Kenny Roberts claimed his third consecutive top six finish on the ever-improving prototype 990cc Suzuki GSV-R racer in today's Pacific GP, and moved one place higher in the top 10 of the championship.

But by contrast team-mate Sete Gibernau's terrible weekend continued as his Suzuki's engine appeared to blow (pictured) in the early stages of the race - but neither he or the team would be drawn on what had gone wrong.

After a slow start to the season, Roberts' improving overall position is an illustration of the progress made in the 200-plus horsepower V4 machine's first year. Roberts, World Champion in 2000 on the two-stroke Suzuki, now lies eighth overall, with three races remaining.

"The result represents what we've achieved with it so far," said the American. "I can't yet use all my know-how and ability to ride the bike at 100 per cent. We're still at 70 or 80 per cent of that. We plan to make that better, and then I can use my talent to make it go faster.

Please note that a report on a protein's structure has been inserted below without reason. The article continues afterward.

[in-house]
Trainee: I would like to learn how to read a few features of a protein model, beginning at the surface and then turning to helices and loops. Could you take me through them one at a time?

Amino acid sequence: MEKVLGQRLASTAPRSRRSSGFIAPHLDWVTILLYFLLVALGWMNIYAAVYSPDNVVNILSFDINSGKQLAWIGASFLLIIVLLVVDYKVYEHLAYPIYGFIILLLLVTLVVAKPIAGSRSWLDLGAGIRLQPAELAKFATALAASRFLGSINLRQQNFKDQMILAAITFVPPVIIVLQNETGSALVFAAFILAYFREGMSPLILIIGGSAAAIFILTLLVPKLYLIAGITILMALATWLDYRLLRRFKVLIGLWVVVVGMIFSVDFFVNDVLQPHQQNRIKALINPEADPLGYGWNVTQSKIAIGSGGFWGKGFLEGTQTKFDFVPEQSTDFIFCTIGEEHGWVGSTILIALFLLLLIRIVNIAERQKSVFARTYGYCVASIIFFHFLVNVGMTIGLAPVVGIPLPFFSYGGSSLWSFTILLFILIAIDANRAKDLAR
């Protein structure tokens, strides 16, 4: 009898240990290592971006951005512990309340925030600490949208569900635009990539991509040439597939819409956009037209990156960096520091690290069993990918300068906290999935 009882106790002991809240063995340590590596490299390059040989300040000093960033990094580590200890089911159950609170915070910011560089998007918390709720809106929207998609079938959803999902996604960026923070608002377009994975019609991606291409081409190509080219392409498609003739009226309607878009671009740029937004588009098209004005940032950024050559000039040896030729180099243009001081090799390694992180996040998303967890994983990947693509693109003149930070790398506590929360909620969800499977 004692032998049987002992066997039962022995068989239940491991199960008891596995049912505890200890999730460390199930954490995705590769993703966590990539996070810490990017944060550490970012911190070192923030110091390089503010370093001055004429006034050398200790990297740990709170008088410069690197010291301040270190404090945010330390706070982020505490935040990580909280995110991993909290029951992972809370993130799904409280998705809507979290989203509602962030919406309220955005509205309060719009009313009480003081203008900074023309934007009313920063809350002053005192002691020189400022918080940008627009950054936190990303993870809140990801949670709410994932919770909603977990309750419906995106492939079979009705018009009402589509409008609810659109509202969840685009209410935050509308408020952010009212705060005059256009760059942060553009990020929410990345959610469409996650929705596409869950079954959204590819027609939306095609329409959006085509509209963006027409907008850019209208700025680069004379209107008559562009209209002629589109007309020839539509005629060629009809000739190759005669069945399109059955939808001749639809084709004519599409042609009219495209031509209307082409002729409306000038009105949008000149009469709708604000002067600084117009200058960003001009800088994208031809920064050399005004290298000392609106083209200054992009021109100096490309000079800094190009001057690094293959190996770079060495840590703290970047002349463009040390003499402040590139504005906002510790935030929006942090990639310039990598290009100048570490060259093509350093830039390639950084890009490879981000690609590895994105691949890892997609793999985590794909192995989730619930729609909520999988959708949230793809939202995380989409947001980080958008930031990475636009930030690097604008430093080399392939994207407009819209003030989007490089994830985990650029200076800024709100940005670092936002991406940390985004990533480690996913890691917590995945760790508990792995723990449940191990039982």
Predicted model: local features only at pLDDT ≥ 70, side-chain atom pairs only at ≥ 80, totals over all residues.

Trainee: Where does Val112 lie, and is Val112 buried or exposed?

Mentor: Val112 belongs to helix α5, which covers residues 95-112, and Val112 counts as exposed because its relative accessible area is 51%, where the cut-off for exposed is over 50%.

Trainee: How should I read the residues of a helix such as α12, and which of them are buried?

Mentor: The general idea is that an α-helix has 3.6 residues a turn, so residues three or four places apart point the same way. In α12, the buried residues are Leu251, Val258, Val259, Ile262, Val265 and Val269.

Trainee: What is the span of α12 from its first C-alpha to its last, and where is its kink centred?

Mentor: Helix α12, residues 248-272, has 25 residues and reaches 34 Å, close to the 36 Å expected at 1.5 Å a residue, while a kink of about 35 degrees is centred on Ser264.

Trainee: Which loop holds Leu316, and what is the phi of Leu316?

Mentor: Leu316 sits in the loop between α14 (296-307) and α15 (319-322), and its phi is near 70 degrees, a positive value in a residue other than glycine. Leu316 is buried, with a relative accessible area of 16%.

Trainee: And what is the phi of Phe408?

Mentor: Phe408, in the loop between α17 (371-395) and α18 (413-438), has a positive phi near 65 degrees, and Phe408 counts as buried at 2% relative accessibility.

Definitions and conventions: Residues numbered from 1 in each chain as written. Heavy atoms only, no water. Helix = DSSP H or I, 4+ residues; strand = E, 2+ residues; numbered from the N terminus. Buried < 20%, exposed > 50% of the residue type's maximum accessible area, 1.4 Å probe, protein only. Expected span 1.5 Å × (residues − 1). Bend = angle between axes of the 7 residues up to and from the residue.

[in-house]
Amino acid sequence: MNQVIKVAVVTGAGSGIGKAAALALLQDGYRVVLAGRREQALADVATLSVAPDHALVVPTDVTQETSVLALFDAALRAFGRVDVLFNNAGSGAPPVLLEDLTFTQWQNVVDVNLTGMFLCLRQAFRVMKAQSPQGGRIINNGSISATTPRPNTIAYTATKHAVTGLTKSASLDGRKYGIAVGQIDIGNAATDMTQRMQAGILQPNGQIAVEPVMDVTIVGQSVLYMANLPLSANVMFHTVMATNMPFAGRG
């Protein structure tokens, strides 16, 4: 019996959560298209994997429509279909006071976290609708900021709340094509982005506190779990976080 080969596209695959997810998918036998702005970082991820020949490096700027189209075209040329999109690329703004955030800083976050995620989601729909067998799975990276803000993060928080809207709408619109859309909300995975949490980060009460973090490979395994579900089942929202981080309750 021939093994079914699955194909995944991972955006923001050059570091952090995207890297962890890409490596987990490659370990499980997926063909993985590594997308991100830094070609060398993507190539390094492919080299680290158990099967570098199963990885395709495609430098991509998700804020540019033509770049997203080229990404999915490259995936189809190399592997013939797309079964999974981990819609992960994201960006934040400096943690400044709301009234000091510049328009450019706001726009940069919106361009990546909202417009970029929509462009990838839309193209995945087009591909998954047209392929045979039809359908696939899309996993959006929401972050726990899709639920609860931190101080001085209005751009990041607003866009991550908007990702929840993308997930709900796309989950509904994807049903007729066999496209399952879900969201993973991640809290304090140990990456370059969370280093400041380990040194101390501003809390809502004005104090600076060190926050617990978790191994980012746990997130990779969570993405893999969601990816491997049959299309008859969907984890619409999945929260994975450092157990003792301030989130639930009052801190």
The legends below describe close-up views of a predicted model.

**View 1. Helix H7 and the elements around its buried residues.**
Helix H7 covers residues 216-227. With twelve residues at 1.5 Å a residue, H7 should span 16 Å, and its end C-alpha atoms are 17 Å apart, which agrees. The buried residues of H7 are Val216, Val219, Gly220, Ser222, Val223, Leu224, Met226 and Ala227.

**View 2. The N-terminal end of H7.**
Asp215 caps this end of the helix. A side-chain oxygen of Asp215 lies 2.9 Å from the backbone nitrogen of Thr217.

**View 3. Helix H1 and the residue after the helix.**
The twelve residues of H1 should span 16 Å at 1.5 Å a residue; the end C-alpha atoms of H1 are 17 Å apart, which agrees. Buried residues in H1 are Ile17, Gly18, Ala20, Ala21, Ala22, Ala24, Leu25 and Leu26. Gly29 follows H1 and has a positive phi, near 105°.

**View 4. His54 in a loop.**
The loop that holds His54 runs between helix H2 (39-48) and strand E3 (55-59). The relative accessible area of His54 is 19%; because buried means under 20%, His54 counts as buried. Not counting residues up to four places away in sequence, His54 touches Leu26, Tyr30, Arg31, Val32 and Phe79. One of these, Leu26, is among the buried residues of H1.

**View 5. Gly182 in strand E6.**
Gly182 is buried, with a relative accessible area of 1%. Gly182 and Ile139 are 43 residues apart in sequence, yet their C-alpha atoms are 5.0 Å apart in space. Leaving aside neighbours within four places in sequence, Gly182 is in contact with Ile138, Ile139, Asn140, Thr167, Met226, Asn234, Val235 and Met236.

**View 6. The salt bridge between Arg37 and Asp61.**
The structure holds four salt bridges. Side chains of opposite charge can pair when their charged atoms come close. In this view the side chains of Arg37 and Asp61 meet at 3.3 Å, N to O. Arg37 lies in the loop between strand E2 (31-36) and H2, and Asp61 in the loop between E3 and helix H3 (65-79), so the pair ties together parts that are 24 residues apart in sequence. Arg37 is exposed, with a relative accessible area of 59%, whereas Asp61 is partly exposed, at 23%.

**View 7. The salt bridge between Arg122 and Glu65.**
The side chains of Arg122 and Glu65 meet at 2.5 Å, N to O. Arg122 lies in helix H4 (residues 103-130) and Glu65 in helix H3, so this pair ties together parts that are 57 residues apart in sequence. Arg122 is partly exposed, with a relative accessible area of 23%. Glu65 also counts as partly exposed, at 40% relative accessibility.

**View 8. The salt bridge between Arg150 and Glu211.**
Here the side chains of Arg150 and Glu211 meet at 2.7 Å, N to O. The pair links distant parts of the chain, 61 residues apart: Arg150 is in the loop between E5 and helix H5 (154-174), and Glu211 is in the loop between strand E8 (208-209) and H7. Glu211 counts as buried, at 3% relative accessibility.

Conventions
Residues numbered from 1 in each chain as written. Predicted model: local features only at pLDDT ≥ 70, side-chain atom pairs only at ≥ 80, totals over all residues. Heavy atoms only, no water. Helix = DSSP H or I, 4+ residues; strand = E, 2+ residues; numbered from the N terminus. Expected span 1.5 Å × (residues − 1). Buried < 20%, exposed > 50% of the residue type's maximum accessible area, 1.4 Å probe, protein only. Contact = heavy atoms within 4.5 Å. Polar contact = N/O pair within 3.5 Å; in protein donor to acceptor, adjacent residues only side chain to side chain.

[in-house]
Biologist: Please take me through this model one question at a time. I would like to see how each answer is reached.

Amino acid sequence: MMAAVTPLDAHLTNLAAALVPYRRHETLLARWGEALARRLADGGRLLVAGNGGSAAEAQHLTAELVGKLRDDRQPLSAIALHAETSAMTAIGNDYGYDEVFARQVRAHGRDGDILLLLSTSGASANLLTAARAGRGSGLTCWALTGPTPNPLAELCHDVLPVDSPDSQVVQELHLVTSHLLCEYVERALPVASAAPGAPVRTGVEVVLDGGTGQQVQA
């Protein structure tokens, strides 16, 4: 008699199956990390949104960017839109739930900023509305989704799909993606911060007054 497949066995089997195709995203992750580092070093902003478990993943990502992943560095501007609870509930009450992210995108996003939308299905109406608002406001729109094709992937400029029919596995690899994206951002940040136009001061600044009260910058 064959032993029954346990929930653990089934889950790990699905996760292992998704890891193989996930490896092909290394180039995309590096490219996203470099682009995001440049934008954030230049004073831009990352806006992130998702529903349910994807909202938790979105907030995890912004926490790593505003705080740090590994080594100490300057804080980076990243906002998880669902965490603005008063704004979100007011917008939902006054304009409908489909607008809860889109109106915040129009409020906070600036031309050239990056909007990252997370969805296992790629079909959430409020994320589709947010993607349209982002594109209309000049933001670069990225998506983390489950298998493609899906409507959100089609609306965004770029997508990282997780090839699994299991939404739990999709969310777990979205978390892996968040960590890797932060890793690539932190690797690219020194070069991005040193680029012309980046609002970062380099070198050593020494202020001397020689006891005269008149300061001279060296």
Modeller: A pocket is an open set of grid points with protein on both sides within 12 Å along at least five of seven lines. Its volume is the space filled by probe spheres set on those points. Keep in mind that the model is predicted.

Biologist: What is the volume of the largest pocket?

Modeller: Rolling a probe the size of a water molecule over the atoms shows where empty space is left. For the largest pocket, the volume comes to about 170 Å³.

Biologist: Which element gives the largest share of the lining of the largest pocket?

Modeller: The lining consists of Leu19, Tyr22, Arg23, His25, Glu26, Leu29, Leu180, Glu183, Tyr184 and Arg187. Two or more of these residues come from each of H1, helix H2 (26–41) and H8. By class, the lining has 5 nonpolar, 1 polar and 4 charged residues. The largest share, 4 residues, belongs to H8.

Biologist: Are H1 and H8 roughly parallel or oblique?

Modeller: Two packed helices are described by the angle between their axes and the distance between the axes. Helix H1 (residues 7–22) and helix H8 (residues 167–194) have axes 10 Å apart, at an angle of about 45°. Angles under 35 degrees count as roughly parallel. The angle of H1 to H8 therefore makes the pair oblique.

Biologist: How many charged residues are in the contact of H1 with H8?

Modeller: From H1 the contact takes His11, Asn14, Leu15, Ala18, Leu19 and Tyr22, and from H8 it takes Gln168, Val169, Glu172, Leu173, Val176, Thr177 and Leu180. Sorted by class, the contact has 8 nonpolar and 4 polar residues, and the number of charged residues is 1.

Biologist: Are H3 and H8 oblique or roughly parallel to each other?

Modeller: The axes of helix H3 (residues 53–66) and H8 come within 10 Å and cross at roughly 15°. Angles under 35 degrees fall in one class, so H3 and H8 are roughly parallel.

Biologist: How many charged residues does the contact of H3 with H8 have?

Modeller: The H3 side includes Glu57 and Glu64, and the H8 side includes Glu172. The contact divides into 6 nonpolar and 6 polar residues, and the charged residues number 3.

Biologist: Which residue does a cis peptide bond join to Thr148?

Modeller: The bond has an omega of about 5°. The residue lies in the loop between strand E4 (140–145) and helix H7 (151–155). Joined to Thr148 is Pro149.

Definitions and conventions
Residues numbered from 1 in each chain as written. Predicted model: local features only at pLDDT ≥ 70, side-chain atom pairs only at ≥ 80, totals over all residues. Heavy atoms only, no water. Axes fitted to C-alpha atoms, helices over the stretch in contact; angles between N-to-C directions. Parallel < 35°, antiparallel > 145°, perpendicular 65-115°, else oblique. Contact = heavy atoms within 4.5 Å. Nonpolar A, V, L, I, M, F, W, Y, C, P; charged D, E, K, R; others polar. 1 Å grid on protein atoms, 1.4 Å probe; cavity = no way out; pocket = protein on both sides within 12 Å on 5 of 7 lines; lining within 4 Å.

"The most positive side is that we've had a lot of good meetings with top management from Suzuki this weekend, and they take all our comments and requests very seriously. I am confident they will respond and continue to make the bike better," he added.

Team-mate Gibernau did not finish the race and retired on the sixth lap. At the time, Gibernau was circulating in close formation with Roberts, the pair lying seventh and eighth.

Gibernau was visibly furious at his retirement - and refused to comment on what had gone wrong inside his machine to cause the plume of smoke from the rear.

"I got a good start, and Kenny and I were going round together, in a good position. Before I could start thinking about the rest of the race, I had to retire," was all he would say.

Team Manager Garry Taylor also refused to be specific - and won the award for stating the obvious - by saying: "Sete unfortunately didn't finish and retired."



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